US 3854916 A
Refrigeration system includes a timer particularly adapted for controlling the defrost cycle of a refrigerator, and an electric motor that may be used, e.g., to drive an evaporator or condenser cooling fan. Control device and motor detachably secured and magnetically coupled to one another. Speed reducing gear train is mechanically driven from the control device input member and a switch actuator cam cyclically causes selective opening and closing of switch contacts. Control device may be enclosed to prevent the admission of foreign matter. Unit bearing type of motor includes a polarized magnetic body that forms part of the rotor assembly and is rotatable within a lubricant reservoir of the motor. Oil reservoir cover is formed of nonferromagnetic material. The polarized magnetic body establishes a magnetic field that extends beyond the confines of the motor and causes similar movement of a polarized magnetic body in the control device. When control device is stalled torque body is alternately supplied by and received by the motor.
Claims available in
Description (OCR text may contain errors)
Dochterman Dec. 17, 1974 SYSTEM USING MOTOR DRIVEN CONTROL DEVICE  Inventor:
Richard W. Dochterman, Fort Wayne, 1nd.
General Electric Company, Fort Wayne, 1nd.
June 29, 1973 Appl. No.: 374,970
Related US. Application Data Primary Examiner-William J. Wye
[ 5 7 ABSTRACT Refrigeration system includes a timer particularly adapted for controlling the defrost cycle of a refrigerator, and an electric motor that may be used, e.g., to drive an evaporator or condenser cooling fan. Control device and motor detachably secured and magnetically coupled to one another. Speed reducing gear train is mechanically driven from the control device input member and a switch actuator cam cyclically causes selective opening and closing of switch contacts. Control device may be enclosed to prevent the admission of foreignmatter. Unit bearing type of motor includes a polarized magnetic body that forms part of the rotor assembly and is rotatable within a lubricant reservoir of the motor. Oil reservoir cover is formed of nonferromagnetic material. The polarized magnetic body establishes a magnetic field that extends beyond the confines of the motor and causes similar movement of a polarized magnetic body in the control device. When control device is stalled torque body is alternately supplied by and received by the motor.
3 Claims, 4 Drawing Figures lol tag
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SYSTEM USING iMOTOR DRIVEN CONTROL DEVICE CROSS-REFERENCE TO RELATED APPLICATION This application is a continuation-in-part of my application Ser. No. 223,916 now U.S. Pat. No. 3,743,872
BACKGROUND OF THE INVENTION The present invention relates generally to systems utilizing motor driven control devices such as refrigeration systems having a by such device. machine of a type that may be used in systems embodying the invention; Motor driven control devices have long been utilized in many different appliance applications. For example, Losert US. Pat. No. 3,552,115 discloses, inter alia, an interval timing apparatus of a type that may be utilized during operation of, e.g., cooking equipment. Motor driven timers also may be utilized to provide a means of automatically controlling all or a portion of a cycle of washing, drying. and refrigeration equipment, among others.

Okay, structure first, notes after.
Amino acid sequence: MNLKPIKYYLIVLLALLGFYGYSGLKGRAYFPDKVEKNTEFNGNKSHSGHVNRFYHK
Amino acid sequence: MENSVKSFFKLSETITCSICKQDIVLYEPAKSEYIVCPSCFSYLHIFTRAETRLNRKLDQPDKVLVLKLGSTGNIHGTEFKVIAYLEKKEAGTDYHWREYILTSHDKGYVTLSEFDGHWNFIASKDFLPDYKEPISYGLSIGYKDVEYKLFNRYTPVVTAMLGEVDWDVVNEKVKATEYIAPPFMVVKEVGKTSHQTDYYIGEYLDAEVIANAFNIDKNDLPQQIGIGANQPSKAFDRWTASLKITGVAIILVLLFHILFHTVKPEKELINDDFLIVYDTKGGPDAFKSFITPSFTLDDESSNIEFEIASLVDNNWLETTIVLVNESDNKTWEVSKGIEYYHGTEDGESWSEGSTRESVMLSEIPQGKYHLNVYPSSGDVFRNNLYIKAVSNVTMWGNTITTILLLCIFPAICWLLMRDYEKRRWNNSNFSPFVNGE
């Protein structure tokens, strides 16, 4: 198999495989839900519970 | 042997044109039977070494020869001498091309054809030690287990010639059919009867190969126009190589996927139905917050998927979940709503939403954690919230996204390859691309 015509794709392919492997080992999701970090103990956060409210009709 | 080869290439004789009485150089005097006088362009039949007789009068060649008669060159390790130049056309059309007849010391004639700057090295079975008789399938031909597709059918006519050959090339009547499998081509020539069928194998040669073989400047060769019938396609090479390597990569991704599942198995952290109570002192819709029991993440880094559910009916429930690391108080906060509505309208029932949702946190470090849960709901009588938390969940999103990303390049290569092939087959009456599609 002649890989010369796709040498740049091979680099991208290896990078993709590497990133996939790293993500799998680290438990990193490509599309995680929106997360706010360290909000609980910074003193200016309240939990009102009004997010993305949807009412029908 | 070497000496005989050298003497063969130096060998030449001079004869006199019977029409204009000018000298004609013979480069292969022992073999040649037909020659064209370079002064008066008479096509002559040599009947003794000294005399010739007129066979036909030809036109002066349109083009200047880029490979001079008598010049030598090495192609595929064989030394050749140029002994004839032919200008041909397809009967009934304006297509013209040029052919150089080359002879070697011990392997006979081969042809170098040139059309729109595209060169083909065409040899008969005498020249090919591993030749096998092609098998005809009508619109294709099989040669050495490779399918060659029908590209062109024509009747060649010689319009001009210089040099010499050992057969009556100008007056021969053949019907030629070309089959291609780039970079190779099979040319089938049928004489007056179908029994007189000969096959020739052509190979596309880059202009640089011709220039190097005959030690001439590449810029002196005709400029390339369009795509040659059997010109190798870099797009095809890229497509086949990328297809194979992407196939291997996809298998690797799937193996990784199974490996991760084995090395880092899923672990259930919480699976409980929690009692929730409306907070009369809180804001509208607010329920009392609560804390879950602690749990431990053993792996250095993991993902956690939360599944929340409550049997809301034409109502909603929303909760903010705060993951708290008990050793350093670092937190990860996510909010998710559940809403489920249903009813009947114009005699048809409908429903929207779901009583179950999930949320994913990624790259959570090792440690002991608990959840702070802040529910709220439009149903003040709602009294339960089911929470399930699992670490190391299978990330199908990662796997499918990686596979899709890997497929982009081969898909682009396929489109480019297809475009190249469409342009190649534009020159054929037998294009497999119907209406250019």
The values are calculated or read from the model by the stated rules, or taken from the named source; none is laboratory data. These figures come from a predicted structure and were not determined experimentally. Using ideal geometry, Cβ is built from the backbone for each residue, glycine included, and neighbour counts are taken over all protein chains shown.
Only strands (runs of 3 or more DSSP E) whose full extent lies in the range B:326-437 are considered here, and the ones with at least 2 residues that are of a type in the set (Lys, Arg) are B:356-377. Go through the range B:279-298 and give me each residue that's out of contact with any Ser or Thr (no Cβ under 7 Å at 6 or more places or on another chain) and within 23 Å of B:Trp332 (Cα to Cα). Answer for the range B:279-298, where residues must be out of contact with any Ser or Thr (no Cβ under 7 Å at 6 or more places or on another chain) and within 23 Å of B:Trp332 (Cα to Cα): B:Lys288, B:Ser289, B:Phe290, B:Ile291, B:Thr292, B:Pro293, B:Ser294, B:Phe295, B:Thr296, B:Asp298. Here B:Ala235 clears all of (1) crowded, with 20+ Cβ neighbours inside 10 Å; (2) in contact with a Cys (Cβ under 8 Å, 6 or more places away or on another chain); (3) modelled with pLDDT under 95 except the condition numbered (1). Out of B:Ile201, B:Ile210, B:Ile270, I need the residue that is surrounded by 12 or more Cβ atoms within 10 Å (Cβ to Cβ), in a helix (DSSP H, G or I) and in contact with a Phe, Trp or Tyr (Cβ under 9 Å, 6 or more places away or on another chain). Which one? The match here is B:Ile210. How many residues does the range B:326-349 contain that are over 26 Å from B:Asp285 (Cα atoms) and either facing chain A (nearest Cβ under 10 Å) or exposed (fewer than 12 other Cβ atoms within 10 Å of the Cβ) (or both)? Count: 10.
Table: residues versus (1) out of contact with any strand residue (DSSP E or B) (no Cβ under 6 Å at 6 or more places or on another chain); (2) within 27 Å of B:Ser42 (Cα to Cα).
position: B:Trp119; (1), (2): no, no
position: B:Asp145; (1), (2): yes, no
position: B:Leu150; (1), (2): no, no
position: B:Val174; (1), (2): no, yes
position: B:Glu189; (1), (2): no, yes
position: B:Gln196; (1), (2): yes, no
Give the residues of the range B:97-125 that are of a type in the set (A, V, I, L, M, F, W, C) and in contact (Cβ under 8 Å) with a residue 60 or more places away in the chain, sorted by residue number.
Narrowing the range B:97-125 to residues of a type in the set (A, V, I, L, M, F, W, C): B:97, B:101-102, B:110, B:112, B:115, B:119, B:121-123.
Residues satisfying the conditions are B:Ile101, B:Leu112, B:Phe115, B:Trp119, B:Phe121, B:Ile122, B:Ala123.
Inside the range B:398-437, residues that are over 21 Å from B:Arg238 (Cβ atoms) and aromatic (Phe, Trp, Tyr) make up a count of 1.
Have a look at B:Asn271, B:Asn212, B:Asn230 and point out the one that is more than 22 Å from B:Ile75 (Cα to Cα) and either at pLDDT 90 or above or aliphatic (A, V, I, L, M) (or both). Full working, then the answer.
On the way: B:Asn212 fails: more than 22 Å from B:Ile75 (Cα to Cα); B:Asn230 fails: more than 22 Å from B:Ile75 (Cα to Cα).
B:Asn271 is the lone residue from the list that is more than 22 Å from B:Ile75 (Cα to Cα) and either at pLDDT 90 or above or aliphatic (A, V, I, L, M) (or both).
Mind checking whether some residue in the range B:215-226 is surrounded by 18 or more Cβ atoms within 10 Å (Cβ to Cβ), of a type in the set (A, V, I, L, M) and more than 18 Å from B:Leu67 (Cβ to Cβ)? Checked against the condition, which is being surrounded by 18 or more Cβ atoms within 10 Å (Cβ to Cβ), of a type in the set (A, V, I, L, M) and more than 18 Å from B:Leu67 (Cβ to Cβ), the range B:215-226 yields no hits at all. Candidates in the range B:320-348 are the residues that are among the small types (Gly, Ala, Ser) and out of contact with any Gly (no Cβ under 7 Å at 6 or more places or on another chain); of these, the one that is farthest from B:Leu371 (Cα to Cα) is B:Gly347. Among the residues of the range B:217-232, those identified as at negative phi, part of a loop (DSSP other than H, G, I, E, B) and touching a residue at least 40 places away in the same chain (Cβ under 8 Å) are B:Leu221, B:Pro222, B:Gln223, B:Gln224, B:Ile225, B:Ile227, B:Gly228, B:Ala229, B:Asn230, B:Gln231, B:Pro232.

A defrost cycle is one of thefunctions that may be controlled in refrigeration apparatus and Lennon US. Pat. No. 3,193,652 discloses, among other things, a motor driven control that may be used for this purpose.
depth and/or tooth thickness in the neighborhood of about l/32 of an inch. The above mentioned precision alignment must be maintained in order to insure satisfactory operation of the control device over a relatively long period of time. The desirability of eliminating the motor normally provided as part of the control device package and using instead a condenser or evaporator fan motor has long been recognized andis evidenced, for example, by the above referenced Solley patent. However, the requirement for precision location and alignment of motor pinions and other gears, among other things, have prevented these other approaches from being successfully adoptedin practice.
In addition, in any refrigeration system using the above described approach, a malfunction of the timer package that results in seizure or binding of the gear train would stall and thus prevent operation of evaporator or condenser fan motor. This of course is objectionable and at least in the caseof a stalled condenser fan motor which is relied upon for forced air condenser cooling objectionably high condenser temperatures may result and the entire system may cease to operate satisfactorily.
Accordingly, it would be desirable to provide control device such that it could be driven or powered by a motor used in an appliance for other purposes, e.g., for moving a fluid; and such that the problems of precision drive pinion alignment are overcome. Moreover, it would be desirable to provide an arrangement whereby a modular approach may be followed so that a motor designed primarily for use as a fluid material mover may be supplied and installed separately or as an as- The' particular defrost control device selected for a given application may include switch contacts connected in a power supply circuit for selectively energizing a refrigerant compressor motor and defrosting means. Solley U.S.'Pat. No. 3,159,980 is one patent that describes an approach wherein an evaporator fan motor would be'used to drive a defrost control. Other approaches have involved the use of condenser fan motors that in turn are interconnected with a control device as taught by the Solley patent. In all of the prior arrangements of which I am aware, however, the motor is provided with a drive pinion that meshes with the input gear of a speed changing mechanism, e.g., a multi-section speed reducing gear train.